We identified 5,348 (1.8% of the sample) patients with a Read code for visual impairment (Table 1). Women were over-represented in the visual impairment group compared to controls (63.2% versus 57.1% for controls; P <0.001). Individuals with recorded visual impairment tended to be older (mean age 80.9 years versus 74.9 years for controls; P <0.001), with 37.1% 80 years old or older compared to 12.1% of controls and were also more likely to be socially deprived (visual impairment Carstairs score 0.08 versus controls -0.35; P <0.001) although differences between quintiles were small.

Comorbidities: visual impairment versus controls

Overall 95.0% of individuals with visual impairment had at least one other condition compared to 84.5% of controls (P <0.001) (Table 2). Whilst controls were more likely to have one (visually impaired 9.9% versus controls 19.7%; OR 0.55 95% CI (0.50 to 0.60)) or two (visually impaired 14.7% versus controls 19.9%; OR 0.72 95% CI (0.67 to 0.78)) conditions, those in the visual impairment group were significantly more likely to have four conditions (visually impaired 15.4% versus controls 11.7%; OR 1.17 95% CI 1.08 to 1.26) and five or more conditions (visually impaired 37.4% versus controls 17.8%; OR 2.05 95% CI 1.94 to 2.18) (Table 2) (even after standardising for age, sex and social deprivation).

Table 1 Age, gender and deprivation status, visual impairment versus controls
Table 2 Prevalence and odds ratio for number and type of comorbidities (standardised by age, gender and deprivation score)

A similar finding was found when restricting analysis only to physical health comorbidities, but differences were greater for mental health comorbidity. Members of the visual impairment group were less likely to have no recorded mental health condition compared to controls (visually impaired 60.6% versus controls 76.1%; OR 0.63, 95% CI 0.59 to 0.67). Furthermore, 15% of the visual impairment group had two or more mental health conditions compared to only 7.5% of controls (P <0.001).

Physical health conditions: visual impairment versus controls

For the visual impairment group, 27 out of 29 physical conditions were significantly more prevalent relative to controls, with only bronchiectasis and migraine showing no significant differences (Table 3). The largest differences after standardisation for age, sex and deprivation were for multiple sclerosis (0R 3.31, 95% CI 2.43 to 4.51) and diabetes (OR 2.76, 95% CI 2.60 to 2.93), both of which are recognised antecedents of visual impairment. The most commonly diagnosed condition for those with visual impairment was hypertension, recorded for 55.6% compared to 46.7% of controls (OR 1.40, 95% CI 1.33 to 1.48).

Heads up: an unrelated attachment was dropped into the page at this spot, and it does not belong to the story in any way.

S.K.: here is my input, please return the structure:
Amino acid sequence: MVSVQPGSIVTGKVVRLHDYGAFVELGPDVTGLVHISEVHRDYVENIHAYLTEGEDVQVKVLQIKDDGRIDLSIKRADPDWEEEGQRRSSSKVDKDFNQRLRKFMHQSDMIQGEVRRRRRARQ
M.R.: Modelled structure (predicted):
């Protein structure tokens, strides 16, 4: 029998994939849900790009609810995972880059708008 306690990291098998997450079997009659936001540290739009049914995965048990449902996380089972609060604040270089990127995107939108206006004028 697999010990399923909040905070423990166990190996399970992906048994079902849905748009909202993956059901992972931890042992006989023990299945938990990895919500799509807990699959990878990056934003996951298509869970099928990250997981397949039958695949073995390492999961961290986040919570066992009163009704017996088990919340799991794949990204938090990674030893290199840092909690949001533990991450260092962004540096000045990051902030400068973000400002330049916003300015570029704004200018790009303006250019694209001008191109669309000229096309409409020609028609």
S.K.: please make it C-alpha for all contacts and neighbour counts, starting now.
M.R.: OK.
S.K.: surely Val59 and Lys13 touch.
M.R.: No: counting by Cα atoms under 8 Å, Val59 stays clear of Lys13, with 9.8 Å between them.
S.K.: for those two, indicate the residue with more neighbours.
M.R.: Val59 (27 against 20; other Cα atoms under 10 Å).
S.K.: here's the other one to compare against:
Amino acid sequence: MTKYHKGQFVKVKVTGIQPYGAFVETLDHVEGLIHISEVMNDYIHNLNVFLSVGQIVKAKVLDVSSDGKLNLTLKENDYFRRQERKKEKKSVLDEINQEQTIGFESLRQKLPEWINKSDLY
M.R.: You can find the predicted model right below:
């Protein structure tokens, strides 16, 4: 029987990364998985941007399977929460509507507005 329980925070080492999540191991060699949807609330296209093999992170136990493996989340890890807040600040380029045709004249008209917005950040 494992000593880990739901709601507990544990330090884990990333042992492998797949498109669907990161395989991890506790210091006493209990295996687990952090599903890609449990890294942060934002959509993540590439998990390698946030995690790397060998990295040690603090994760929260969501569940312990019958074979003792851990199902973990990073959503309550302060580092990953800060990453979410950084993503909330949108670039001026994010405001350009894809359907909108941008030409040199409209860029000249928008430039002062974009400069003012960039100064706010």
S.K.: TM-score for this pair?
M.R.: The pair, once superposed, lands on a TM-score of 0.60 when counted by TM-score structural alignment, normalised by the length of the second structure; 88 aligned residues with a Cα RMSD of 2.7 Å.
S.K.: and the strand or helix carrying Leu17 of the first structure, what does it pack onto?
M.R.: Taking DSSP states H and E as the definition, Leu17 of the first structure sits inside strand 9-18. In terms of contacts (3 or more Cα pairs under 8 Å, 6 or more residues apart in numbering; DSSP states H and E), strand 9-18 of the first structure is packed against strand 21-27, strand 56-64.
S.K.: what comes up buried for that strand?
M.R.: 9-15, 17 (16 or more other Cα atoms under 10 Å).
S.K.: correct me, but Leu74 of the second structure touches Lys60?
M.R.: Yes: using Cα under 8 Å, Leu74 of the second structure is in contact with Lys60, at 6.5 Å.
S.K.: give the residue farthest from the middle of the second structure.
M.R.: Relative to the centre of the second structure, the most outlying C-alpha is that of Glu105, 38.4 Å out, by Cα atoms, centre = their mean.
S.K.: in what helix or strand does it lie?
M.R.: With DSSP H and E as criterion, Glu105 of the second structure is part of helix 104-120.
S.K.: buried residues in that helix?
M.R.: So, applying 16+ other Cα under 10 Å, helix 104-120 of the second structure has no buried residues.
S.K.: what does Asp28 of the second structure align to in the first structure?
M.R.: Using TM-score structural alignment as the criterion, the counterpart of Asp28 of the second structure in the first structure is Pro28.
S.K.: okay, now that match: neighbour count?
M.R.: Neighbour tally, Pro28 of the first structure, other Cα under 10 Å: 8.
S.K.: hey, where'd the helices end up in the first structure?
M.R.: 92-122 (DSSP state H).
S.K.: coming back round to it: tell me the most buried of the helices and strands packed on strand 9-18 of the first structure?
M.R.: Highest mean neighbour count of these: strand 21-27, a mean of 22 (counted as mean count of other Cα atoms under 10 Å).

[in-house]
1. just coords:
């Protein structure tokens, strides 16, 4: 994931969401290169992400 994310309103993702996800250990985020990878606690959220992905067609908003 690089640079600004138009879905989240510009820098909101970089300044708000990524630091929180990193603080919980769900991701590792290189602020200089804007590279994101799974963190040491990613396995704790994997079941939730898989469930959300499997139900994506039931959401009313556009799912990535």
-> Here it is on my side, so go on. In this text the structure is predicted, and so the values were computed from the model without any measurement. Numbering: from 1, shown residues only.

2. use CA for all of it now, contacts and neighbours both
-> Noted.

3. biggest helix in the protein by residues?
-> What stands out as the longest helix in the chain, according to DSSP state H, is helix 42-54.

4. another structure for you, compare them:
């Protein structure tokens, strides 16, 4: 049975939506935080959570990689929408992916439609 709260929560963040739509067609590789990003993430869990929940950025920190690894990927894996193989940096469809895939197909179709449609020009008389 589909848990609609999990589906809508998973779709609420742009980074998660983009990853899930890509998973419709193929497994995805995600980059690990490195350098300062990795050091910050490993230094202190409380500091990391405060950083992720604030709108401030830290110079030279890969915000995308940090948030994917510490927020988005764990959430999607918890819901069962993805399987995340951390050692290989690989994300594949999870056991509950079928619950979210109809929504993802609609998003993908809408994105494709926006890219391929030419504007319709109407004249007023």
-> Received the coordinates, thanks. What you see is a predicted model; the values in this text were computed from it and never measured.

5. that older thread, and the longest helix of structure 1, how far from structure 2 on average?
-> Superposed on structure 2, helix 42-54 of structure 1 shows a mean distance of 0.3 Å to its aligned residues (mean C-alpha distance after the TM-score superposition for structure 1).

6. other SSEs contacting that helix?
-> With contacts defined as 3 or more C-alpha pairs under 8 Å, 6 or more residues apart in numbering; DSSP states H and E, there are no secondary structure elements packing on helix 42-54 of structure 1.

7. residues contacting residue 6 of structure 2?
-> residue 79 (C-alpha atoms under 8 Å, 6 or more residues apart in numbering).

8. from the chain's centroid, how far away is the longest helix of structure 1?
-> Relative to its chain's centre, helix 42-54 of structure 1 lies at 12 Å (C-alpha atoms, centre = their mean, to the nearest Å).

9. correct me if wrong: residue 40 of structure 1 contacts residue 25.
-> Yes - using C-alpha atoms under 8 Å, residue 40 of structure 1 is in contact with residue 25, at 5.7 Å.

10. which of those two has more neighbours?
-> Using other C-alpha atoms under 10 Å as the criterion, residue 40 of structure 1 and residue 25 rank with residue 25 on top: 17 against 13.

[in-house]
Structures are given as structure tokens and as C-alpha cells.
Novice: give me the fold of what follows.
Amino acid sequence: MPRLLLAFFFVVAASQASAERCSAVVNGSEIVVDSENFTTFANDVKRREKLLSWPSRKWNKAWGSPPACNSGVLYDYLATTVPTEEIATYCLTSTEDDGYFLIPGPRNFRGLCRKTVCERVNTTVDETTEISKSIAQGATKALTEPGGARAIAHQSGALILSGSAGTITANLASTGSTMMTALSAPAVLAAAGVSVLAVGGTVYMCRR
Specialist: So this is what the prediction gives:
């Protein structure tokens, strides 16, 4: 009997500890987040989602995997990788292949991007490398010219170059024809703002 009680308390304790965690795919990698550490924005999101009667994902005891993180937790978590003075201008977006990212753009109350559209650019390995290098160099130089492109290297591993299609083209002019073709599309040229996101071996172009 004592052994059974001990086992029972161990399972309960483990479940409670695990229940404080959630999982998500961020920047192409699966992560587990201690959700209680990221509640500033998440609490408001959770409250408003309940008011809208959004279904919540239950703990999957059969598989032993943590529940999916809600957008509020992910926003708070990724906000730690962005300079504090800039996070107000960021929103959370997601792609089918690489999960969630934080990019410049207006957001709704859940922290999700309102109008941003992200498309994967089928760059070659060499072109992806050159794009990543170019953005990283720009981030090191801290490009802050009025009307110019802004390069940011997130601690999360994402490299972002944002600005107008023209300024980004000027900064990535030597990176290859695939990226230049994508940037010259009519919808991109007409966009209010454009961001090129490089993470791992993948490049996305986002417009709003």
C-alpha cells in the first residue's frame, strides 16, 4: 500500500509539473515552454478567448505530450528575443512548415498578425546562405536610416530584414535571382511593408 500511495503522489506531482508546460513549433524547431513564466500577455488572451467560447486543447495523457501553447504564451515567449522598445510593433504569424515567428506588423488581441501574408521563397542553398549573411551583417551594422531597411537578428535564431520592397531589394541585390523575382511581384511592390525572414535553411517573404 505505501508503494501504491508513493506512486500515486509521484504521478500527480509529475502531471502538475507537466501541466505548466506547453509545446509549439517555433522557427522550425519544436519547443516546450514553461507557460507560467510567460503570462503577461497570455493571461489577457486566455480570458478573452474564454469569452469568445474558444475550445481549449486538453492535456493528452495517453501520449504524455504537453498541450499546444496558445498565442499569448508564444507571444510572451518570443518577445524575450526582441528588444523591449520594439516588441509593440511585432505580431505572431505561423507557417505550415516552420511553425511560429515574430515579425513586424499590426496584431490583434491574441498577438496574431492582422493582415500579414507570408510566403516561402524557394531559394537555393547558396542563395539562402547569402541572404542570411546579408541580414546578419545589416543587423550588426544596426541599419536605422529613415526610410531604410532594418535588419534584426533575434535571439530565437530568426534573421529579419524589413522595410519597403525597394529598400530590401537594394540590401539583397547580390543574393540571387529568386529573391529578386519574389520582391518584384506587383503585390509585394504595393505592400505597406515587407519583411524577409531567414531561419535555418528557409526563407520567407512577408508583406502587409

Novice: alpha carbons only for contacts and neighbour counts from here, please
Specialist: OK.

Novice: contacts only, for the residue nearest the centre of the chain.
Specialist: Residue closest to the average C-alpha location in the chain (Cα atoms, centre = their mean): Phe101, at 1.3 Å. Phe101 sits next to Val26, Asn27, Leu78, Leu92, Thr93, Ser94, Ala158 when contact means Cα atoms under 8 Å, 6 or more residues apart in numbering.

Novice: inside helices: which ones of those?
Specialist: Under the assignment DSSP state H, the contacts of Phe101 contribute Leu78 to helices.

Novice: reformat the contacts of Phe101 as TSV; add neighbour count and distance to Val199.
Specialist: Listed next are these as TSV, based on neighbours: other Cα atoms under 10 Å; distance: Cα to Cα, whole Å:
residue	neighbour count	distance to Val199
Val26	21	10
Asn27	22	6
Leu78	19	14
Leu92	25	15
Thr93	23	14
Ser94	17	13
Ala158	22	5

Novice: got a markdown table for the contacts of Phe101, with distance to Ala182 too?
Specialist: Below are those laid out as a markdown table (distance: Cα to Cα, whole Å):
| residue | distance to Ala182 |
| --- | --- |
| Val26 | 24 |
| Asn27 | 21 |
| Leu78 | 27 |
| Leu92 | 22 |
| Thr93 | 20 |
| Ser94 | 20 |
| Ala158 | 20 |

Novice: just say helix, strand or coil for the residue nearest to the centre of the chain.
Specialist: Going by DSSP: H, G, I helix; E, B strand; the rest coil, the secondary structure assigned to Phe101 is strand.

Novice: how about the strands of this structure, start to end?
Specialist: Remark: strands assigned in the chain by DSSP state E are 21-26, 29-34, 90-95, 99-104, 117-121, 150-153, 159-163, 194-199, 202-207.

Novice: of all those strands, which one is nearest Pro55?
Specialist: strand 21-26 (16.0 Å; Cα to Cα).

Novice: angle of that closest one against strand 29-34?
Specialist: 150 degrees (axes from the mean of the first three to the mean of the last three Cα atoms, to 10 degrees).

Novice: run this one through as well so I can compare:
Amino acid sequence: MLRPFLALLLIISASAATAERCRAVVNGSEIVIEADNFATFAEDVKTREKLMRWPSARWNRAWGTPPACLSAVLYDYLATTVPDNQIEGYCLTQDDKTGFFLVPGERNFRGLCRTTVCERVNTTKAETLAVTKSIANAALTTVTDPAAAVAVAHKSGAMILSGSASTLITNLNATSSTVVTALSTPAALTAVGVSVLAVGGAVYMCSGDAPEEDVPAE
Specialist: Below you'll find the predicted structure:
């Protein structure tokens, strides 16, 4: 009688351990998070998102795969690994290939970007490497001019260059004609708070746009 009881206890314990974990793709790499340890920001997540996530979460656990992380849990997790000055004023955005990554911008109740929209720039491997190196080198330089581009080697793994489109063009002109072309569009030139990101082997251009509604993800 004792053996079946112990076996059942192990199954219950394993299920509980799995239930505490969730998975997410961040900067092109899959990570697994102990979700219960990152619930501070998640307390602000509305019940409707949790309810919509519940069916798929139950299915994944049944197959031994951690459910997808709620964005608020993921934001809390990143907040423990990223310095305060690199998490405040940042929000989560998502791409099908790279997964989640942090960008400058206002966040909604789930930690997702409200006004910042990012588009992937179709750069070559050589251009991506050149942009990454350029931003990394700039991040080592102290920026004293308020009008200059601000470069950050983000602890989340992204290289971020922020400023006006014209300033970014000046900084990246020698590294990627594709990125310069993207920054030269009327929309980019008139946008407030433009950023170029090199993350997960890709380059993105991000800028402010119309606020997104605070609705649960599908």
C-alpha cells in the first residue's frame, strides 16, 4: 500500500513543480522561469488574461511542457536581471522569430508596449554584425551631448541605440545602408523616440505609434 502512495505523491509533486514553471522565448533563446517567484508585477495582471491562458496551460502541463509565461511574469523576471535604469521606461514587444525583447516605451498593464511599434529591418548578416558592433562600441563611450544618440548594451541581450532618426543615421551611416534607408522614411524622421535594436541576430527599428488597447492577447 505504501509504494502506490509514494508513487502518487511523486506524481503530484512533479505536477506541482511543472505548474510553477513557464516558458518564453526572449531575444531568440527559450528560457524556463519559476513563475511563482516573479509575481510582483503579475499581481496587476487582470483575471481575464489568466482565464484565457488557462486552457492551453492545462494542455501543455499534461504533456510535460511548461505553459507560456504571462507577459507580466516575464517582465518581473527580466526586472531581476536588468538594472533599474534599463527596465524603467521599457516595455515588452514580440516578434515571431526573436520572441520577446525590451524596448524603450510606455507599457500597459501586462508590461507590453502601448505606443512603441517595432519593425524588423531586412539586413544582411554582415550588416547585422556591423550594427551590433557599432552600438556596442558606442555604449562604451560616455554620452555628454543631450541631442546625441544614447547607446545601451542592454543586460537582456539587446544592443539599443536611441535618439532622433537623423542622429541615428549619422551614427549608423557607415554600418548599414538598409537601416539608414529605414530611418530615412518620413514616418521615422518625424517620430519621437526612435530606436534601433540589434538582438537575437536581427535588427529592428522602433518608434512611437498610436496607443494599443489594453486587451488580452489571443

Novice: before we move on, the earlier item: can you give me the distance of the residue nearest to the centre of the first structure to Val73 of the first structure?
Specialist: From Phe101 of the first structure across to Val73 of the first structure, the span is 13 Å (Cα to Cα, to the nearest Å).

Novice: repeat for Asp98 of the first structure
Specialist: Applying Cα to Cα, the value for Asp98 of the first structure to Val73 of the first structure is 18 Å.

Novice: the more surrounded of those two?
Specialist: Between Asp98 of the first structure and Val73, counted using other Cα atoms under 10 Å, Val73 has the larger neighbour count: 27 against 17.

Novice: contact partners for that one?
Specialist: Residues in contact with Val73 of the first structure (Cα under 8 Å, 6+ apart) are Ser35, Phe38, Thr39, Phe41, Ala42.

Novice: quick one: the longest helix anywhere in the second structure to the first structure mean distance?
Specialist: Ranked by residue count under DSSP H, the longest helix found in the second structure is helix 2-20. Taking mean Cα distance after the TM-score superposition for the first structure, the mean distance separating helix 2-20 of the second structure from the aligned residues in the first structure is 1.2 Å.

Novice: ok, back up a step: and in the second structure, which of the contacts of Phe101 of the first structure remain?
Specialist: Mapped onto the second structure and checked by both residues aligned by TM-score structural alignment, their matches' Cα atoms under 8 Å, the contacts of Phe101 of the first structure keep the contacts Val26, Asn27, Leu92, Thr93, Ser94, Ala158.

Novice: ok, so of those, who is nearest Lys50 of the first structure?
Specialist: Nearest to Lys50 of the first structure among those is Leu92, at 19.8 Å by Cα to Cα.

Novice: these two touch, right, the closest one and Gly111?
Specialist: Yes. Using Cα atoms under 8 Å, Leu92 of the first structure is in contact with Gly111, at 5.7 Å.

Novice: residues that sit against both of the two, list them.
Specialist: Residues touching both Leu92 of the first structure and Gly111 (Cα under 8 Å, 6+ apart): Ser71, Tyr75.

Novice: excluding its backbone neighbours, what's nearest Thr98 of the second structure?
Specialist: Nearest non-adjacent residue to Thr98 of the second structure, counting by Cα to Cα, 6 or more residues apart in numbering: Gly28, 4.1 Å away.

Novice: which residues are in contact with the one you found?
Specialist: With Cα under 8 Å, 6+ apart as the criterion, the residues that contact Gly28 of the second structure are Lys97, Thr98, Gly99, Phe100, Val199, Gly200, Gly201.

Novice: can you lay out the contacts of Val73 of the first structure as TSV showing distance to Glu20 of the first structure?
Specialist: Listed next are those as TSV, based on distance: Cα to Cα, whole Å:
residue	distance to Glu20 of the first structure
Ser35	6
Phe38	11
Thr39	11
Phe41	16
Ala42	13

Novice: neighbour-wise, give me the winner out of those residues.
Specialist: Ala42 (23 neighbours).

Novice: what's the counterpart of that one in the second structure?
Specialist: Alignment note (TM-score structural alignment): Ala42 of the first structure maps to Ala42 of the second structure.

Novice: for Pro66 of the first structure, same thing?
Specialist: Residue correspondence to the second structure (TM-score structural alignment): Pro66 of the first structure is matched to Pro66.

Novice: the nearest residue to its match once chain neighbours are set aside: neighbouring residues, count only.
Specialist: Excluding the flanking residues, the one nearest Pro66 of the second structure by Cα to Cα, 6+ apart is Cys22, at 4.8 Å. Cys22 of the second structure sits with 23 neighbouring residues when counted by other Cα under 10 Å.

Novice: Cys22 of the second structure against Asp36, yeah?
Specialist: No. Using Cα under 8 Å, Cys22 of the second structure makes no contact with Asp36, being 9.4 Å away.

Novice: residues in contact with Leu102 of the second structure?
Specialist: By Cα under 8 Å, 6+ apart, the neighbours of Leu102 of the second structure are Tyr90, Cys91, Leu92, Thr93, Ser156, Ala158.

Table 3 Prevalence and odds ratios for individual physical conditions (standardised by age, gender and deprivation score)

Mental health conditions: visual impairment versus controls

Depression had the largest prevalence for the individual mental health conditions (visually impaired 18.2% versus controls 12.0%; OR 1.53, 95% CI 1.43 to 1.65) and Table 4 highlights that those with visual impairment had significantly higher prevalence for all eight mental health conditions. The biggest difference after standardisation for age, sex and deprivation was for learning disability (visually impaired 0.5% versus controls 0.2%; OR 3.31, 95% CI 2.20 to 4.97), followed by anorexia or bulimia (visually impaired 0.5% versus controls 0.2%; OR 2.23, 95% CI 1.51 to 3.28) (although clearly the absolute prevalences of these conditions were low) and for any `other psychoactive substance misuse’ which is a heterogeneous grouping of problematic use of non-prescription and prescription drugs ever recorded (visually impaired 12.9% versus controls 4.8%; OR 1.79, 95% CI 1.65 to 1.95).

Table 4 Prevalence and odds ratios for individual mental health conditions (standardised by age, gender and deprivation score)


We found that patients aged 65 years and older with visual impairment within primary care were characterised by more medical comorbidities relative to non-visually impaired controls and that these differences were not accounted for by age, gender and social deprivation. Indeed, after standardisation those in the visual impairment group were twice as likely to have five or more physical/mental health comorbidities.

Possible explanations and implications for clinicians and policy makers

Causality cannot be directly inferred from these cross-sectional data, but it is known that many chronic conditions have visual consequences. For example, optic neuritis occurs in 70% of MS cases [21], the ocular complications of diabetes account for the majority of blind registrations in the UK among working age adults [22] and stroke causes visual impairment in 30% of cases [23]. Other conditions, such as learning disability (more than three times more likely in the visual impairment group) are associated with a high prevalence of visual defects from childhood [24]. Notably, hypertension (55.6%), coronary heart disease (28.8%) and diabetes (25.9%) were the most prevalent conditions in the visually impaired group, and visual impairment may pose significant barriers to encouraging a healthy lifestyle in this population. Visual impairment may contribute to a compromised diet (due to difficulty in preparing food), increased difficulties engaging in exercise, and high levels of isolation and loneliness. Management of these conditions in patients with visual impairment will require active integration of clinical, social and rehabilitation services to help improve health.